Mr. Ingram: RAF and other coalition aircraft conducting legitimate patrols of the No-Fly Zones over Iraq are regularly threatened by Iraqi air defences. When this occurs they may respond in self-defence, against air defence sites.
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Mr. Hoyle: To ask the Secretary of State for Defence (1) for what reasons the organisations training pilots for the Apache helicopter have experienced delays in providing equipment and facilities; 
(3) if he will make a statement on the delay in training pilots for the Apache attack helicopter; 
(4) what measure he is taking to ensure that the timetable for training pilots for the Apache helicopter is brought forward; 
(5) for what reasons the organisations involved have been unable to meet deadlines set for the training of pilots for the Apache attack helicopter;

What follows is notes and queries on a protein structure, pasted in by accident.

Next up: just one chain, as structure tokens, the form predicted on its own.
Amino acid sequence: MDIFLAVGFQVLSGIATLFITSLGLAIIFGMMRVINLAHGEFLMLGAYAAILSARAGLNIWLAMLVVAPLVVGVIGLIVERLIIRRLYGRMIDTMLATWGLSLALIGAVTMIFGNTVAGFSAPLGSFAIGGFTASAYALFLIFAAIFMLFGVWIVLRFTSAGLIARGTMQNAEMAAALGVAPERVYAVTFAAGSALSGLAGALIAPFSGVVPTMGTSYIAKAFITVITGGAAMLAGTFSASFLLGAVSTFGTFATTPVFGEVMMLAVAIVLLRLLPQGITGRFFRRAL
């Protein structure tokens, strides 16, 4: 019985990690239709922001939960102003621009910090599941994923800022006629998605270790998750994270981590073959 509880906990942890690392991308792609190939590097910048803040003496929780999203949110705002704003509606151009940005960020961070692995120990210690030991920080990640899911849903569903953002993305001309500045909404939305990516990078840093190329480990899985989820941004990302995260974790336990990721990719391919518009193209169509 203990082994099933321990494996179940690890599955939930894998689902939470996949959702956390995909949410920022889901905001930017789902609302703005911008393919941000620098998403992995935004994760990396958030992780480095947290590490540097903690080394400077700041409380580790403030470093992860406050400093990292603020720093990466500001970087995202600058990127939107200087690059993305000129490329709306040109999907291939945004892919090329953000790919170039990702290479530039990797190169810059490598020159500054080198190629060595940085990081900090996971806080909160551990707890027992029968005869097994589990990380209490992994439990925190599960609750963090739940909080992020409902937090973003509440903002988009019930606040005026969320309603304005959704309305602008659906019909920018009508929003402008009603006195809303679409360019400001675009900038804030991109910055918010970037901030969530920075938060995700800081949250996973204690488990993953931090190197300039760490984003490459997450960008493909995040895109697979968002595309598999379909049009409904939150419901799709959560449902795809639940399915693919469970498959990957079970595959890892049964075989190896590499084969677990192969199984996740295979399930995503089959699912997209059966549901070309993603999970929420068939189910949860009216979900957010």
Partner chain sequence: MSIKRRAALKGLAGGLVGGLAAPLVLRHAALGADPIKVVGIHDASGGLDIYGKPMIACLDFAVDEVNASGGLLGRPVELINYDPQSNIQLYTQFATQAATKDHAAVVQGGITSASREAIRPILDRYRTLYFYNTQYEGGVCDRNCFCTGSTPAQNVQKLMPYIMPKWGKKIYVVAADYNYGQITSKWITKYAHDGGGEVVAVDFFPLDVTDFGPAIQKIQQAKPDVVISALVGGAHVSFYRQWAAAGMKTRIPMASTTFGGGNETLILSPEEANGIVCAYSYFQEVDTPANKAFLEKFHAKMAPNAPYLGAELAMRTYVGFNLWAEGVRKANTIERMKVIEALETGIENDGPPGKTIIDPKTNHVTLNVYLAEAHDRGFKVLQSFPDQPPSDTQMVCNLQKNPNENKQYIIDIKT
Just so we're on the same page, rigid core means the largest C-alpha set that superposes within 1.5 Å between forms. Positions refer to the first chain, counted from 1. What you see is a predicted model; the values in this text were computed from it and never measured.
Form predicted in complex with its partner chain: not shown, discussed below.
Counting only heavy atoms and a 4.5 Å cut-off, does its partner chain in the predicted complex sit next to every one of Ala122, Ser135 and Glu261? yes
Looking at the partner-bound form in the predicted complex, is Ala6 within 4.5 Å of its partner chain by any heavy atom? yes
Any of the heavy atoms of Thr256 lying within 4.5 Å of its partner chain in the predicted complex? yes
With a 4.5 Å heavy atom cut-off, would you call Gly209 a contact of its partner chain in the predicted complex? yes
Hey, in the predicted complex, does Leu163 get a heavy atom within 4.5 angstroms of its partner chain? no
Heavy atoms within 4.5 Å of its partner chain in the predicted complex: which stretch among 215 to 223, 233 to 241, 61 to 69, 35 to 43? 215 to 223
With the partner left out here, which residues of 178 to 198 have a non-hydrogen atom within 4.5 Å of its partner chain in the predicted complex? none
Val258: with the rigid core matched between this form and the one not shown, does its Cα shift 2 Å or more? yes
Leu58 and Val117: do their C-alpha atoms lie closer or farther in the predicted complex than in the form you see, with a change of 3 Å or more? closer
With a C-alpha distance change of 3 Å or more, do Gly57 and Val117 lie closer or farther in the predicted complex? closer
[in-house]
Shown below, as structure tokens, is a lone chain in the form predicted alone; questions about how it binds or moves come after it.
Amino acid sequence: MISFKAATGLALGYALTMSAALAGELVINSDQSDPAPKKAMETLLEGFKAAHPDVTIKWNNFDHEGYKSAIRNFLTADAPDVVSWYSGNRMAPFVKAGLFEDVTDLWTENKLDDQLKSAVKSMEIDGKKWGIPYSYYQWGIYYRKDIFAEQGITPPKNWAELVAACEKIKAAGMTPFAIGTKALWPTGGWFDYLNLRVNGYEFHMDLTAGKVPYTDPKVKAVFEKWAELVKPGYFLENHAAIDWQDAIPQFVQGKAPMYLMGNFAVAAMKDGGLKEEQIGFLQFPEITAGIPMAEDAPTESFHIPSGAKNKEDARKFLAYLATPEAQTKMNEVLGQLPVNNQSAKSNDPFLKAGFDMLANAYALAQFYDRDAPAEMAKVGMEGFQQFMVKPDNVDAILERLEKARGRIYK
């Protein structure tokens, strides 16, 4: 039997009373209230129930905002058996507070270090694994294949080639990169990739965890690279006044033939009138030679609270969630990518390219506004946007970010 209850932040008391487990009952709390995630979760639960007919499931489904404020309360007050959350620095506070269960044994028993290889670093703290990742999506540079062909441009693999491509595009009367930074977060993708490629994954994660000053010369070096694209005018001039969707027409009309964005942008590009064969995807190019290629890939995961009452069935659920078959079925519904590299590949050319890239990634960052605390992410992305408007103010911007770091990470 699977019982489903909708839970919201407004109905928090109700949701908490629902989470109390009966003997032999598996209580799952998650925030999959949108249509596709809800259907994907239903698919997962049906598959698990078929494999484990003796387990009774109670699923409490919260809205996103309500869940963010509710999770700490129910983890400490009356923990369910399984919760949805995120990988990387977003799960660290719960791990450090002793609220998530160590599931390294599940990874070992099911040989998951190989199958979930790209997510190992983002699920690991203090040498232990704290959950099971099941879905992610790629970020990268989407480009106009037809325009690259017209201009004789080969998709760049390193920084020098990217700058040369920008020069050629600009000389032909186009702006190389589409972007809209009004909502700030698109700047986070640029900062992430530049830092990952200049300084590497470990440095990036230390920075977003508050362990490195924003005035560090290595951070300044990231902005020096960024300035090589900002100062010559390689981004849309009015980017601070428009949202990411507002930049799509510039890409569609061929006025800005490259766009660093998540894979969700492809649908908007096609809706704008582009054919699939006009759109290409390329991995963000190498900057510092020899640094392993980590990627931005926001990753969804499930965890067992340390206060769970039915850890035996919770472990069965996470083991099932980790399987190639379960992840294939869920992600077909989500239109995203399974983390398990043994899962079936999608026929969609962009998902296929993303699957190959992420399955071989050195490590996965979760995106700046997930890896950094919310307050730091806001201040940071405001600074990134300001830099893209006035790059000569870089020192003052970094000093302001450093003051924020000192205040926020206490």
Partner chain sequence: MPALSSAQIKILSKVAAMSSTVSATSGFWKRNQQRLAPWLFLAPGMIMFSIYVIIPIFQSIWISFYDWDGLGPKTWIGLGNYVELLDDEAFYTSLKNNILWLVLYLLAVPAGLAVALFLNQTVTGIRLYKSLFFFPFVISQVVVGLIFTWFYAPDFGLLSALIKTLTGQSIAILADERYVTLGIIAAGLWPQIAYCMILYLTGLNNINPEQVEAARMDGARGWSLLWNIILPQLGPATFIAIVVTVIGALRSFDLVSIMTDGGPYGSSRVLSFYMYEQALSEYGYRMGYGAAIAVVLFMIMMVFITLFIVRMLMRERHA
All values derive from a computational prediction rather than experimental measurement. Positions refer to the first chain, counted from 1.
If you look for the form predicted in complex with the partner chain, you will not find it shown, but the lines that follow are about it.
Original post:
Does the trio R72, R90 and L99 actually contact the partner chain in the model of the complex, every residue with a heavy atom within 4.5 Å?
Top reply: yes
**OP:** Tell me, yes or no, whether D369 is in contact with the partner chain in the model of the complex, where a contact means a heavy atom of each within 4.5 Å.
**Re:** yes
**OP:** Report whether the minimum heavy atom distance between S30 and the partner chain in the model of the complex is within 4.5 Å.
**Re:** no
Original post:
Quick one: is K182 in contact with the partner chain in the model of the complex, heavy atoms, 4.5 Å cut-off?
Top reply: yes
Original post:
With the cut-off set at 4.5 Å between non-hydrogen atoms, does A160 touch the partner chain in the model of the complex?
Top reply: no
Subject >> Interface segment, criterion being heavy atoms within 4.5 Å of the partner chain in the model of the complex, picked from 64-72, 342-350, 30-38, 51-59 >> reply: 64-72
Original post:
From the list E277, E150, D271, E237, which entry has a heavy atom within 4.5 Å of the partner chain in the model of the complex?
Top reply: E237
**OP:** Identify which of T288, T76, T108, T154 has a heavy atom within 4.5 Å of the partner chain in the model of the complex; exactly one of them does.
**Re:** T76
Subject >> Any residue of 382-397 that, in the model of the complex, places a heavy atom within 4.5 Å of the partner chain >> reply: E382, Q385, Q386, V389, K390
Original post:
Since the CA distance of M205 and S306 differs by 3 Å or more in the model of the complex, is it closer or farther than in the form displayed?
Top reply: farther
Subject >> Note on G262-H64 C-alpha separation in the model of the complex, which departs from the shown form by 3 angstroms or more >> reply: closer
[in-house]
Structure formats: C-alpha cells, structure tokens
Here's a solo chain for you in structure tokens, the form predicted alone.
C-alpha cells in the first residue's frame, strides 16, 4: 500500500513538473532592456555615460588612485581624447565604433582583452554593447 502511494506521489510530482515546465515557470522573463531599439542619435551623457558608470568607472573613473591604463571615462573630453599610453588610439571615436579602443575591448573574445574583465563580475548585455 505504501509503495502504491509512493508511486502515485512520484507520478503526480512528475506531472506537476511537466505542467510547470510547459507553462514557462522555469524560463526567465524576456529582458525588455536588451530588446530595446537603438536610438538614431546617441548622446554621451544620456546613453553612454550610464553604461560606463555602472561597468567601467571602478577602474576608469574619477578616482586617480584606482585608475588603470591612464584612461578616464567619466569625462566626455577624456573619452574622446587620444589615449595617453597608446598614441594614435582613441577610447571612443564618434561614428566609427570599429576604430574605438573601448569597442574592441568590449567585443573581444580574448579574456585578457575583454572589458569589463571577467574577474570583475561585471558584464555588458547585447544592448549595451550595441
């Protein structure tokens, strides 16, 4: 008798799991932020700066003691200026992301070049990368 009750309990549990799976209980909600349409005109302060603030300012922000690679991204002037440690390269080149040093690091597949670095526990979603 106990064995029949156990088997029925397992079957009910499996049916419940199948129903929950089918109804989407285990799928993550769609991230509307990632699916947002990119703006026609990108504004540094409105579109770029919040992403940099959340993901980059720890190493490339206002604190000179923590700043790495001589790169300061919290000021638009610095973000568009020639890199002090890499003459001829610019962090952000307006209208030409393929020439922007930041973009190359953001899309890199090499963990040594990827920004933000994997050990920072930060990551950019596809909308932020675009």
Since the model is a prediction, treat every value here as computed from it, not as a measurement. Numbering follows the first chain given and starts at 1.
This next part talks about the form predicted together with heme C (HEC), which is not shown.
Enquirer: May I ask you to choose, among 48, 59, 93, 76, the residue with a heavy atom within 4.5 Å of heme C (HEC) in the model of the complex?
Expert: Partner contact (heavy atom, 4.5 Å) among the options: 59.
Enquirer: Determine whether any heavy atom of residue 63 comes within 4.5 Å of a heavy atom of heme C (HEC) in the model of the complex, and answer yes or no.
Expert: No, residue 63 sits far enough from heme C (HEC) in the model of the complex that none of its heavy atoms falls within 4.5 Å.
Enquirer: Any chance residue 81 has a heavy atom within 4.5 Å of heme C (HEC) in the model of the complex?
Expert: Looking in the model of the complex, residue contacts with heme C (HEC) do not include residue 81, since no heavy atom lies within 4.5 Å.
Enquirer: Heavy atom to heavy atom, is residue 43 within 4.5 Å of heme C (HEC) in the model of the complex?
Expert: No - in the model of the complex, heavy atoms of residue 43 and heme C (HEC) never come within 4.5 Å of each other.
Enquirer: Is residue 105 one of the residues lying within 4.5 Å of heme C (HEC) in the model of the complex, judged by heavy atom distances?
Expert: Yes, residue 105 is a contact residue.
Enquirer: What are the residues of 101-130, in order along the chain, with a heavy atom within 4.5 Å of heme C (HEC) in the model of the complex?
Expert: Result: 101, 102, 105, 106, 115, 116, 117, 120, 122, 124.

(6) what penalties were written into the contract for late delivery of equipment and training of pilots for the Apache helicopter. 
Norman Baker: To ask the Secretary of State for Defence, how many animals covered by the Sixth Report of the Animal Welfare Advisory Committee were bred, for the period in question, for possible use in procedures but subsequently (a) destroyed and (b) passed on to other bodies without so being used. 
Dr. Moonie: The sixth report of the Independent Animal Welfare Committee covers the period from 31 October 2000 to 28 February 2002. Animal figures are compiled on the basis of the calendar year. In 2001 Dstl Porton Down bred two different types of rodents and two types of non-human primates. Of these, 21 mice and six rats were humanely destroyed without use. 916 mice, 2,624 rats and 10 rhesus macaques were issued dead to other organisations.
Mr. Stephen O'Brien: To ask Mr. Chancellor of the Exchequer, what representations his Department has received regarding a compensation package for investors who have lost money due to market abuses relating to split capital investment trusts.